May. 3, 2018

Babatunde Raji Fashola


Babatunde Raji Fashola

Federal Minister , Power, Works, and Housing

TBY talks to Babatunde Raji Fashola, Federal Minister of Power, Works, and Housing, on addressing the housing shortage, creating a housing economy, and staying on the up and up.


Prior to his appointment as Minister of Power, Works, and Housing in November 2015, Babatunde Raji Fashola served two terms as governor of Lagos State from 2007-2015. As a Senior Advocate of Nigeria, Nigeria’s highest legal distinction, he is also the recipient of the Stephen J Solarz Award of the International Crisis Group in 2015 for his commitment to improving social and economic conditions in Lagos, particularly for his role in the response to the Ebola outbreak. Fashola was the chairman of the Strategy Committee of the All Progressives Congress and served as chairman of the fundraising committee for the Buhari-Osinbajo campaign.

What are the ministry's most recent policies to help tackle the 80 million housing shortfall in the country?

I see an opportunity to build a real housing economy. The policy is clear and undeniably global: to create affordable housing. That then morphs into various social housing concepts. All we are trying to do now is restart a national housing program that will unleash the housing economy here. Having a national program primarily entails knowing what people want in terms of housing. This defines the acceptability and affordability of housing here. The first leg of the housing economy is already underway; artisans are being employed and the solid minerals sector has grown positively for the first time after nine negative growth quarters. People are buying sand and other building materials, and there are quarrying activities happening. Around 13,000 people are directly engaged in construction and about 40,000 people are indirectly employed in the supply value chain. There are 653 indigenous Nigerian companies employing Nigerians. By the time we finish, the financial sub-sectors will also be involved in activities, such as mortgages to support acquisitions, as well as the merchandising sub-sectors, for example furnishing the houses. I am focusing on the opportunity to do something that works and survives partisan politics.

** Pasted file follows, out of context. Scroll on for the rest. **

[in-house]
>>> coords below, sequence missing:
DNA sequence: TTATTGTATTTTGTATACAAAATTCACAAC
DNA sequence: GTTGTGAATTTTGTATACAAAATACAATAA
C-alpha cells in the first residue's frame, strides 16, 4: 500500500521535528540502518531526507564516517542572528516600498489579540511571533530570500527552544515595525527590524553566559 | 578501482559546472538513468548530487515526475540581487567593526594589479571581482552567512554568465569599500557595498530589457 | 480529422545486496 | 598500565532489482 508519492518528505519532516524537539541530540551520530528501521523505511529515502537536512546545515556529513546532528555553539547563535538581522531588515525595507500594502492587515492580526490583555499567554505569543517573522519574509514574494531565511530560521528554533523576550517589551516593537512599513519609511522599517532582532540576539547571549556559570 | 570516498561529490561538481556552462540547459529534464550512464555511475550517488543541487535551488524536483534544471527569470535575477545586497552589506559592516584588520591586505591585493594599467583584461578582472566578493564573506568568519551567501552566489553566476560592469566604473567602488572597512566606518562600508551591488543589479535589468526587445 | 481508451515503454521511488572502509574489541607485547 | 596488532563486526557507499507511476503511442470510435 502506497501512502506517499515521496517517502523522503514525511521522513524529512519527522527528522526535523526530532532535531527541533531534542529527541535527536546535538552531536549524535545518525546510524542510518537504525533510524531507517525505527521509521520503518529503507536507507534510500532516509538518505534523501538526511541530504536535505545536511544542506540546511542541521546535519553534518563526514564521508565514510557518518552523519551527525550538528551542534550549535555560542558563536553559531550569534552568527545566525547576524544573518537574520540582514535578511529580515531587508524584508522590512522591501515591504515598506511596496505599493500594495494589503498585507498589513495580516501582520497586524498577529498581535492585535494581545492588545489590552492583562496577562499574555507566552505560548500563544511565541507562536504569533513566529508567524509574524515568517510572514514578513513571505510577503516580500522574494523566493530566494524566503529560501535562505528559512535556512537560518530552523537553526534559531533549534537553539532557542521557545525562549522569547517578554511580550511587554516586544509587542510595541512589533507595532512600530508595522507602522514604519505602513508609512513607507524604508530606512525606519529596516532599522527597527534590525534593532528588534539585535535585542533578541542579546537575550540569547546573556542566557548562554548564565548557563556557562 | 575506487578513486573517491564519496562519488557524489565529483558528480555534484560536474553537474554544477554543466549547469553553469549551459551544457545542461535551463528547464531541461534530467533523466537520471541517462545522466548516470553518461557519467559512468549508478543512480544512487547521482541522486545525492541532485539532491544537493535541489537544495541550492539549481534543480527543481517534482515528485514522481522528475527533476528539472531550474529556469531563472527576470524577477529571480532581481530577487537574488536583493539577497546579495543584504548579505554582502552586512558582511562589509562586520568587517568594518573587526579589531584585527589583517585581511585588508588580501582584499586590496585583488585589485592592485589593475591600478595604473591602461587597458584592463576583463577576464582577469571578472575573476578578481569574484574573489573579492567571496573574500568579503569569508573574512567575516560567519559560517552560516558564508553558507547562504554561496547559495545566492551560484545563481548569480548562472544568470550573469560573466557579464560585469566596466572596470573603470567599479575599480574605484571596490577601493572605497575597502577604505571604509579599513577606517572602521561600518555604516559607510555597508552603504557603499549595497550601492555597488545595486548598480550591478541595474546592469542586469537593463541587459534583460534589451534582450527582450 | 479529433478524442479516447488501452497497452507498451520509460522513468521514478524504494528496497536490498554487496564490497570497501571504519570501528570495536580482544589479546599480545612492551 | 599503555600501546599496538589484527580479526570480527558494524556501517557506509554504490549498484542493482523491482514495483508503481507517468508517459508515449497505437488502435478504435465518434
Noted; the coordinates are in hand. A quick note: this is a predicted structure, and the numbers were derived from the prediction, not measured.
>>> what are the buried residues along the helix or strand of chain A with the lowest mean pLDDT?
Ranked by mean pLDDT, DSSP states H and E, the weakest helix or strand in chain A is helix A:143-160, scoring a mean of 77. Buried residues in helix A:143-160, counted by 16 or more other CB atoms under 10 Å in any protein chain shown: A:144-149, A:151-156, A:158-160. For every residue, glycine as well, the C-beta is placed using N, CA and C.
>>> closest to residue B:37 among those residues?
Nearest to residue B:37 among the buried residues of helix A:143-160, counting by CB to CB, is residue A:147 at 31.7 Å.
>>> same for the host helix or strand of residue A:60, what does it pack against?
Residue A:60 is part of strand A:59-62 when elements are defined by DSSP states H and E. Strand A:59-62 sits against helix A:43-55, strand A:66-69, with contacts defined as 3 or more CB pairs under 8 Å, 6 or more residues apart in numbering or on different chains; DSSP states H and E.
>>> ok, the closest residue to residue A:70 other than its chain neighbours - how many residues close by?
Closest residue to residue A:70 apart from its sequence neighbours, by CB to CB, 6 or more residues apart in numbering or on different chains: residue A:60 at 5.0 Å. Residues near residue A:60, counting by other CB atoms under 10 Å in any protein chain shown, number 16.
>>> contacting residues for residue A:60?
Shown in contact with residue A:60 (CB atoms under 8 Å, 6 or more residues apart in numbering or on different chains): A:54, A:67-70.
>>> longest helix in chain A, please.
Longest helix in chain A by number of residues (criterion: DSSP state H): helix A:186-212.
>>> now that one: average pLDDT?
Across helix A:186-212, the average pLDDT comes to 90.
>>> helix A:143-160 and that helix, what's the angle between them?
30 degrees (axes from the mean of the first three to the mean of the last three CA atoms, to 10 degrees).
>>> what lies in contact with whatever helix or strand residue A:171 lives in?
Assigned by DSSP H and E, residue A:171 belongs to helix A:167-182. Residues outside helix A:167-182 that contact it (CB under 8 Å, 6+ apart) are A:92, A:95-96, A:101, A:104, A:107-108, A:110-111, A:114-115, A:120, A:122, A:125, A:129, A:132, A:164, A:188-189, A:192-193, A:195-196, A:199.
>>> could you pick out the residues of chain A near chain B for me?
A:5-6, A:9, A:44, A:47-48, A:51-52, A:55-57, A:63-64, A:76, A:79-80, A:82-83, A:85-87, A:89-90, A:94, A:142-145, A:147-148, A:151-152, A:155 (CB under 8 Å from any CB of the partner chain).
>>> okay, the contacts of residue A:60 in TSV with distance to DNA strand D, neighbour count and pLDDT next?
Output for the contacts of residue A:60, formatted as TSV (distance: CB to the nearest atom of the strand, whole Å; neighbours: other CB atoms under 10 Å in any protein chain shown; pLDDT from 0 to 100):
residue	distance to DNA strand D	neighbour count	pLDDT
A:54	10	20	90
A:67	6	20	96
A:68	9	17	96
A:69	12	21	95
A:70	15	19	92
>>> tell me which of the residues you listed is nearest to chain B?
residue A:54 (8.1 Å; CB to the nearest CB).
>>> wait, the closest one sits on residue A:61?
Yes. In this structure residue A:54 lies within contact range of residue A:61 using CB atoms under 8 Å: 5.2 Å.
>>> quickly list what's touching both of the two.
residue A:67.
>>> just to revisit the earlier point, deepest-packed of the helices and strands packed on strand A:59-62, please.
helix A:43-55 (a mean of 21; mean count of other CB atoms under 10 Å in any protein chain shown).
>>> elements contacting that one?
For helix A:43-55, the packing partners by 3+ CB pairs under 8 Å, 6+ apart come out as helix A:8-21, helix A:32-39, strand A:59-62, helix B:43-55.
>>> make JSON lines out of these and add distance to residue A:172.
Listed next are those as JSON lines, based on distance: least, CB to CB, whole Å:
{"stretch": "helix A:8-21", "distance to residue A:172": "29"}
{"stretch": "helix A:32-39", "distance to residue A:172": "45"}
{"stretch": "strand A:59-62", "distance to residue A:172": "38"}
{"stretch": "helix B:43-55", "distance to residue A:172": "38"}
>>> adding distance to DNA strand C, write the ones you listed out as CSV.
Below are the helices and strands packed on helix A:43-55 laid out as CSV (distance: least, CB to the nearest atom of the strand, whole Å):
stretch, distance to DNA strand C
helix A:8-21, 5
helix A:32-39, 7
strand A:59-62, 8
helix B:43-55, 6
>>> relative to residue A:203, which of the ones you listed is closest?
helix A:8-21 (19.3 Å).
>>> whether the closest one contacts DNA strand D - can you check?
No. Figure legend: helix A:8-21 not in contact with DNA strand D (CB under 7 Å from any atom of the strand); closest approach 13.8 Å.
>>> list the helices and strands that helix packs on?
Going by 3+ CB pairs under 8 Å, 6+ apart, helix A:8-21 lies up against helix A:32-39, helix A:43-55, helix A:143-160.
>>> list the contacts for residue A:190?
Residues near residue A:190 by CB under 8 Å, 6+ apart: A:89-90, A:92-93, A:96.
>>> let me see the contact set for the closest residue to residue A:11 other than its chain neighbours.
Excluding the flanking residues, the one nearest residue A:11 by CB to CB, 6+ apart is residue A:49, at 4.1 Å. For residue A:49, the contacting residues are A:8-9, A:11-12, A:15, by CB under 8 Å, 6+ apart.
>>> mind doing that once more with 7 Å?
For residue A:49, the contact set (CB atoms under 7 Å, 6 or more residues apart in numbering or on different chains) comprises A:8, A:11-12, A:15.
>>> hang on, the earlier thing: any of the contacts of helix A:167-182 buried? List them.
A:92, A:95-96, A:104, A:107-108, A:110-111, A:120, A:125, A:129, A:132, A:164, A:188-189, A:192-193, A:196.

How will the government fund its housing projects given shrinking oil revenues?

If we look at what the government contributes to the GDP, it is barely 10%; the remainder comes from the private sector. Therefore, it is not appropriate to expect the government to bear the entire cost of funding houses. However, the government can initiate the policy and program, evolve the design, test the market, verify the principles, and support private capital. This is what we are doing. We are running our pilot schemes in every state, and if they succeed, then we will multiply them 10-fold. The government, whether state or federal, will not have all the money, but it can assist in certain ways because it has fiscal powers, policies, and the Federal Mortgage Bank of Nigeria (FMBN). Notably, the government can become the financier of acquisition. Once the private sector sees that workers can get loans to purchase houses, then we will have created an incentive for the private sector to build. We are strengthening FMBN to grant mortgage acquisition loans to workers, and this is an incentive for the private sector to replicate our house-building model many times more than we can. The money for this comes from the monthly contribution workers make to the National Housing Fund. In addition, we will soon announce a government guarantee for acquisitions through the FMBN. We have to improve access for people in the informal economy using the vehicles they use best, which follow the cooperative model. This model has worked in transport, farming, and refuse collection, now I want to test it in housing.

What is your outlook for the power and housing sectors, and for Nigeria in general for 2018?

2018 is clearly the year when we can expect to see some significant advances. We should see more results in terms of the effect of our programs in the power and construction sectors, as well as how these drive other sectors such as petroleum, bitumen, and diesel fuel for construction, along with all the industries that support construction and provide the inputs, like the steel industry and mining. This should be consistent with the real impact this government seeks to make in terms of investing in infrastructure to drive growth and development. 2018 will be a better year compared to 2017 in the same way 2017 was an improvement on 2016. This goes to show the trajectory of policies, the goverment gaining momentum, and change truly being imminent. In 2018, we will be measuring the results.